Is Social Media Preventing You From Getting Rich?


Ever felt like you were living two lives: your real life, and the one you show on social media?


In the digital age, online personas are the ones we spend time perfecting. And why not? Everyone from friends to relatives and future employers are watching. It’s natural to want to put your best foot forward and in doing so, create a version of your life that’s engaging, inspirational, and aspirational.

Public Service Announcement: Your friends appear a lot richer on social media than they actually are.

At first glance, it might seem like your social media obsession has nothing to do with your personal wealth. But you might be surprised to find how much it can cost you.



The “Joneses” can be anyone—a person or couple that seems like they have it all: Attractive spouse, great apartment, high-paying job, etc. It’s only natural to compare yourself to them and find yourself lacking. But we have news for you: The Joneses have their own problems! Things are rarely as rosy as they appear.


It used to be easier to ignore the Joneses of the world and focus on your own life. Now, with constant images bombarding us on social media, there’s no escaping the seemingly endless number of people living enviable lives. But here’s another #truthbomb: People look a lot richer on social media than they actually are.


Insta-envy is SO real. Continuous exposure to tempting images has a subliminal effect on our behavior—especially our spending habits. We feel like we should buy that pair of shoes or book that vacation because everyone else is doing it. But remember: You have no idea what goes on behind closed doors (or social posts). The Joneses could be in credit card debt, living a life they can’t afford, or have no savings. Their behavior today could easily come back to bite them in the future, when you, H.E.N.R.Y.™, are living your #bestlife.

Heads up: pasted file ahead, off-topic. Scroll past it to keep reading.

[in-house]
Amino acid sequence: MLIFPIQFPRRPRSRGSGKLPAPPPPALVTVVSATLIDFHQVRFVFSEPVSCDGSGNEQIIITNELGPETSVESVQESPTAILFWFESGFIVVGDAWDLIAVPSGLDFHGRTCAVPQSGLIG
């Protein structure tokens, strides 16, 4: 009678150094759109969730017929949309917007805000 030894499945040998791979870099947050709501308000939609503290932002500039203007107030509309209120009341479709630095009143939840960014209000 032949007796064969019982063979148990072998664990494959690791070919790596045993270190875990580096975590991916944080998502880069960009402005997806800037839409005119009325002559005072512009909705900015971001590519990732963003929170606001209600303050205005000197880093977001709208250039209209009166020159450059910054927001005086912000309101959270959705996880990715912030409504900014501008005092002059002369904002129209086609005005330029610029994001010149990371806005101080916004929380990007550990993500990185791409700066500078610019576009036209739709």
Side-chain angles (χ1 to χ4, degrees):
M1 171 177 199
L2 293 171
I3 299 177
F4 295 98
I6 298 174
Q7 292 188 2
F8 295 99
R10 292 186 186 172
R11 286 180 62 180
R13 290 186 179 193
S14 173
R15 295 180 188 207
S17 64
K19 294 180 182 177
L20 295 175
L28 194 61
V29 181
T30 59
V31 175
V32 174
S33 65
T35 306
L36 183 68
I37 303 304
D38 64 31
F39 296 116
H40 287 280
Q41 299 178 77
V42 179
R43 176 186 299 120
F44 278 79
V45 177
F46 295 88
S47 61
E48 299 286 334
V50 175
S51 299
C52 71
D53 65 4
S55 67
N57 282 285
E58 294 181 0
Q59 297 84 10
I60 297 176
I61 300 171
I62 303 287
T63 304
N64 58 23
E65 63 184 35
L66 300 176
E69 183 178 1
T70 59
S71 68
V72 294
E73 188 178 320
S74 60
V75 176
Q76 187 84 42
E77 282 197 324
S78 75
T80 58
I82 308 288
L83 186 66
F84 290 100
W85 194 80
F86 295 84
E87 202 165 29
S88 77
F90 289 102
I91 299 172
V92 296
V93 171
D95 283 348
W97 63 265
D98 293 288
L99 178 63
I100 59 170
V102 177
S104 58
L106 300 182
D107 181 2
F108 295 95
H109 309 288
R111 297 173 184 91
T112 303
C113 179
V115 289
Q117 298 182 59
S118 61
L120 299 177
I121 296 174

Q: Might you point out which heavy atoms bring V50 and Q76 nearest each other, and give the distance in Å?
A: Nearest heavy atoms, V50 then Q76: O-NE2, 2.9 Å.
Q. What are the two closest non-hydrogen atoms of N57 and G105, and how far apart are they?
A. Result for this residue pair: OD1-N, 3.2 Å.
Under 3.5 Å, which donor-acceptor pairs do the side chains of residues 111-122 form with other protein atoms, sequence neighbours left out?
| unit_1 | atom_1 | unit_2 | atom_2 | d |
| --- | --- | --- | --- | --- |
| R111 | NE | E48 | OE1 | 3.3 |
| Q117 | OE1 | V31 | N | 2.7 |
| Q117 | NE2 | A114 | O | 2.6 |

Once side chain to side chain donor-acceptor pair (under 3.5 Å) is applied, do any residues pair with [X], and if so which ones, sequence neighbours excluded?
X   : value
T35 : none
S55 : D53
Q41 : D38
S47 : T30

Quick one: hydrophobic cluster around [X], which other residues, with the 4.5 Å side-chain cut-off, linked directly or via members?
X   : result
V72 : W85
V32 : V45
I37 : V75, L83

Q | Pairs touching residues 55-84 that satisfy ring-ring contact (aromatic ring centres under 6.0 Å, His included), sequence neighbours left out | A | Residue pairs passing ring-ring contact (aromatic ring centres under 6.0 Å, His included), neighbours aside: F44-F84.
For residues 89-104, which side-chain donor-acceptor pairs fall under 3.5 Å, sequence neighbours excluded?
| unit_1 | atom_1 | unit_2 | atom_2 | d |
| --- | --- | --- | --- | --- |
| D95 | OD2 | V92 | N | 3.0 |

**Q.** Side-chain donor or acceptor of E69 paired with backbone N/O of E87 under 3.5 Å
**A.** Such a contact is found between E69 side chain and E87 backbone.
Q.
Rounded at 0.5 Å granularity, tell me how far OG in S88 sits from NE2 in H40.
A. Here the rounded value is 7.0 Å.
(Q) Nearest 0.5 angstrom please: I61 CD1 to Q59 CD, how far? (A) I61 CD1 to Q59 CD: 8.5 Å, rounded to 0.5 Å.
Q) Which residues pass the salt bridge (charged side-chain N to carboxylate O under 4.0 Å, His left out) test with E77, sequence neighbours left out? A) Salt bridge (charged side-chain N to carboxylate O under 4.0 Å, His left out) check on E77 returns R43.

Don’t worry, we’re not suggesting you should never visit a social page again. Instagram, Snapchat, and others are fun ways to keep up with friends and the world around you. But if you’re finding that you frequently scroll so far down your Facebook feed that you’re seeing repeat posts, and you can’t remember a time before you starting scrolling, it’s time to back away from your device.


While we enjoy social media as much as the next person, there are many better ways to spend your time. Pick up a side hustle, learn a new skill, or read that book your mom gave you. Embark on a journey of self-improvement that doesn’t involve buying things you don’t need or stalking people who’ve remodeled their kitchens.


The easiest way to get rid of social media FOMO is to stop looking and start doing. You might find that after a few Instagram-free weeks, you won’t even care what other people are doing, because you’re on your way to great things, too.


Retailers have gotten very good at targeting the right audiences with their merchandise. Ever wonder why 2 seconds after you google “Omega watches” Omega ads pop up on your social feeds? Companies pay money to find out what people are searching for. They then use that data to advertise directly to people they know are interested.


To top it off, many retailers have rolled out simple, beautifully designed feeds and sites that make it easy to buy. One minute you’re scrolling Instagram, and the next, you’re inputting your credit card info without ever leaving the app. It’s a genius move on the part of the retailer—welcoming apps and targeted advertising campaigns make it hard to realize you’re being sold anything.


Next time you find yourself online shopping, ask yourself: do I actually need this, or am I just buying it because it’s right in front of me?


Before we sign off, we should discuss micro-influencers.


Micro-influencers are people with a social media following of 30,000+ who get paid to advertise products on their social feeds. Successful micro-influencers can make as $10,000/month in sponsorships! If you have that kind of following and an knack for creating eye-catching posts, then you may actually be able to profit from social media.


However, if you have less than 30,000+ followers, it can be risky to invest too much in the Insta-façade. For most of us, keeping up with the Joneses (or the @joneses) is more likely hurting our net worth than helping it grow. And trust us, most people care more about their own feeds than they do about yours. Money spent making it look nice is probably money wasted.


SHOWHIDE Comment (1)

Leave a Reply

Your email address will not be published.

The F Word